Sharpe: At the risk of agreeing with you

George Sharpe
Merrion Oil and Gas Investment Manager
George Sharpe, Merrion Oil and Gas investment manager

I have not been able to stomach watching the presidential debates (they made me want to scratch my eyes out and pull my ears off), but I made it through the vice presidential debate with only minor nausea.

Kaine had answered one of the few questions the moderator was able to get out, and when it was Pence's turn to respond, he said, "Well, at the risk of agreeing with you..."

That statement, unfortunately, epitomizes the current divide in our country on almost every important issue.  Neither side of the debate dares give any credence to the other's position.

Therefore, every "conversation" starts out with each side clinging to and defending their differences of opinion rather than seeking first to find some common ground.  Wouldn't there be a far better chance of a consensus solution if we were to start with where we agree and work from there?

There are few issues with a deeper divide than energy.  On climate change there are Believers and Deniers, on fracking there are Lovers and Haters, and on clean energy, there are Adopters and Skeptics, and never the twain shall meet.  OK, I made some of those labels up, but you get my drift.  Here are a number of things that hopefully we can agree on regarding energy and climate change.

1.    Let’s agree that human activity emits carbon dioxide, and since the start of the Industrial Revolution (ie, the harnessing of energy), carbon dioxide concentrations in the atmosphere have increased from 280 ppm to 380 ppm.

2.    Let’s agree that since the start of the Industrial Revolution, our standard of living and our life expectancy (55 years in 1900 to over 75 years today) have both increased dramatically.  Energy has made our lives far better, and we really don’t want to give up the benefits that energy brings to our world.

3.    Let’s agree that many scientists (the Deniers notwithstanding) believe that the increase in carbon dioxide is contributing to climate change.

4.    Let’s agree that it makes sense to mitigate man’s emissions, especially if it’s done without sacrificing our standard of living, which nobody is really volunteering to give up.  Even if the Deniers are right, reducing man’s footprint can’t be a bad thing for mother earth.

5.    Let’s agree that wind and solar energy will play a significant role in reducing our emissions, and subject to caveat No. 2 above, we want and need more of each in the future. Having said that, nuclear and hydro are reliable zero emissions sources, and we need more of them as well.  However, they are also hated by the environmental obstructionists, so we will stick with wind and solar for the moment, just to avoid that argument.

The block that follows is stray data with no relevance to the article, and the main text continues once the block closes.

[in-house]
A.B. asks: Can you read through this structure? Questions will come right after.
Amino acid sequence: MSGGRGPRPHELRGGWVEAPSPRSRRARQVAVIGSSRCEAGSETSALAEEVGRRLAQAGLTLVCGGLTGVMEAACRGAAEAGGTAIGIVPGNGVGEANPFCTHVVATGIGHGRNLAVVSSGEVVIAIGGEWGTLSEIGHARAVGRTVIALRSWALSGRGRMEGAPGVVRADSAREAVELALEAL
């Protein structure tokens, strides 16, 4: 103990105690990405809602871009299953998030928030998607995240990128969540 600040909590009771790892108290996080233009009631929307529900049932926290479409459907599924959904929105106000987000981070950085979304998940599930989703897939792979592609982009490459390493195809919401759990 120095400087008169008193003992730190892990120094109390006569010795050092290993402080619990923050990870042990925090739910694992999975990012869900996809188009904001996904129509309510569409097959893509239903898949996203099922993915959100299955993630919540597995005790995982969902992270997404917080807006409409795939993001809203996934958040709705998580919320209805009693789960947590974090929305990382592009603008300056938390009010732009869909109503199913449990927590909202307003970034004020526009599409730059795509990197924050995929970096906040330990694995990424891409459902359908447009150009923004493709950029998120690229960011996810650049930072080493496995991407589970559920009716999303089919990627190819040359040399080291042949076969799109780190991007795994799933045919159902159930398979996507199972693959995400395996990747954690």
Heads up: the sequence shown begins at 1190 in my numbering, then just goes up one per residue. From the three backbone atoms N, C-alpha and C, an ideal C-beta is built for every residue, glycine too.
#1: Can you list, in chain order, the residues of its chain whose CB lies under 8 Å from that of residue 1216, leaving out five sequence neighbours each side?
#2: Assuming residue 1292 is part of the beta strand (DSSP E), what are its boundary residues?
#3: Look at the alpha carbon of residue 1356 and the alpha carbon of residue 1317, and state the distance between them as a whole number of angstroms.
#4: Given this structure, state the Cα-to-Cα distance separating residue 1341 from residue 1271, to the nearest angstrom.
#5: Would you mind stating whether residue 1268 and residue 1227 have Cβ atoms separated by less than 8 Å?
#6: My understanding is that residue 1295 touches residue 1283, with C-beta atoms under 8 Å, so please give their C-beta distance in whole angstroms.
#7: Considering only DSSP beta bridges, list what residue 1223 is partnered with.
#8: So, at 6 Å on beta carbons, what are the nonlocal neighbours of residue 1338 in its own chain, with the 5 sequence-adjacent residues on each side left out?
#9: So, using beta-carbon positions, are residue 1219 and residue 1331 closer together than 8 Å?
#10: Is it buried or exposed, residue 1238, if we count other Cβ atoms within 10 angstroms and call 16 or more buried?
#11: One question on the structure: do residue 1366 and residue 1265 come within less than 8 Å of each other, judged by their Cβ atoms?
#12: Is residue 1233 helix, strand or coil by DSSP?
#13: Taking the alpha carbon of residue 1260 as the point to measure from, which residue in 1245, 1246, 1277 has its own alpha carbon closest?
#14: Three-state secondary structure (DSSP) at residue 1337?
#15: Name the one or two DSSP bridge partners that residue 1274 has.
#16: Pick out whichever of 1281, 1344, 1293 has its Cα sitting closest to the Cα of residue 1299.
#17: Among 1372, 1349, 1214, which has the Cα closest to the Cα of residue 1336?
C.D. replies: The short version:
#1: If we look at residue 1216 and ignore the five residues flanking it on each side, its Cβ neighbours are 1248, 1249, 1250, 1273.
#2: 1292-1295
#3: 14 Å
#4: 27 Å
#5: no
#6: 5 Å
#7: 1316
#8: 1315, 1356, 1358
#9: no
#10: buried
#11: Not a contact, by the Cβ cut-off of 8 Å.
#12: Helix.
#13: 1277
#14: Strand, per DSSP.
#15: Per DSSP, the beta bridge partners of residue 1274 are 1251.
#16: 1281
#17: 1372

6.    Let’s agree that it is going to take many decades of significant investments to build enough wind and solar capacity to come even close to meeting our energy needs.  Hillary Clinton has a very aggressive goal that, by the end of her second term, the U.S. will “generate enough renewable electricity to power every home in America.”  According to the Energy Information Administration, wind and solar currently generate about 7 percent of our total electricity use in the U.S.  Of all the electricity generated, 37 percent is used in homes versus commercial or industrial uses.  As aggressive as the goal is, let’s say that it is achievable to increase renewables from 7 percent to 37 percent of the electricity pie in the next eight years.  That means if we want to generate 100 percent of our electricity from wind and solar, it is going to take several decades.

7.    Let’s agree that not everything is electric. With oil being the primary transportation fuel and natural gas being the primary heating and industrial fuel, only 40 percent of the total U.S. energy use is from electricity.  Should a fully electrified nation even be feasible, it would take several more decades to build enough wind and solar to provide 100 percent of our energy use.

8.    Let’s agree that the wind doesn’t always blow and the sun doesn’t always shine, but we want and need electricity all the time.  Every single wind and solar plant currently has a carbon source as a backup to provide you the energy you need when you need it. It is going to take some major breakthroughs in battery technology before wind and solar can be dependable sources of power on a 24-7 basis.

9.    Let’s agree that until we have enough wind and solar and until the battery of the future has been invented, we will continue to need carbon-based fuel.  If you shut in all the wind and solar in the world for a day, the world would yawn and go on.  But stop using all carbon fuel for a day and the world would be in absolute chaos.

10.    Let’s agree that since we will continue to need oil and natural gas for the foreseeable future, it would benefit America and Americans to produce it domestically.  Product prices will be lower, thousands of jobs will be maintained, billions in taxes and royalties will be paid, our trade deficit will be reduced, and national security will be enhanced.

11.    Let’s agree that as long as you continue to get in your car every morning, you should support oil and gas drilling and the associated fracking that make that drive to work possible. If you are an environmental obstructionist trying to shut down the industry, you will be in a world of hurt if you are successful.

In closing, there may be a day in the future when all energy will be provided by renewables.  While we need to move in that direction, let’s agree that the future ain’t quite here yet.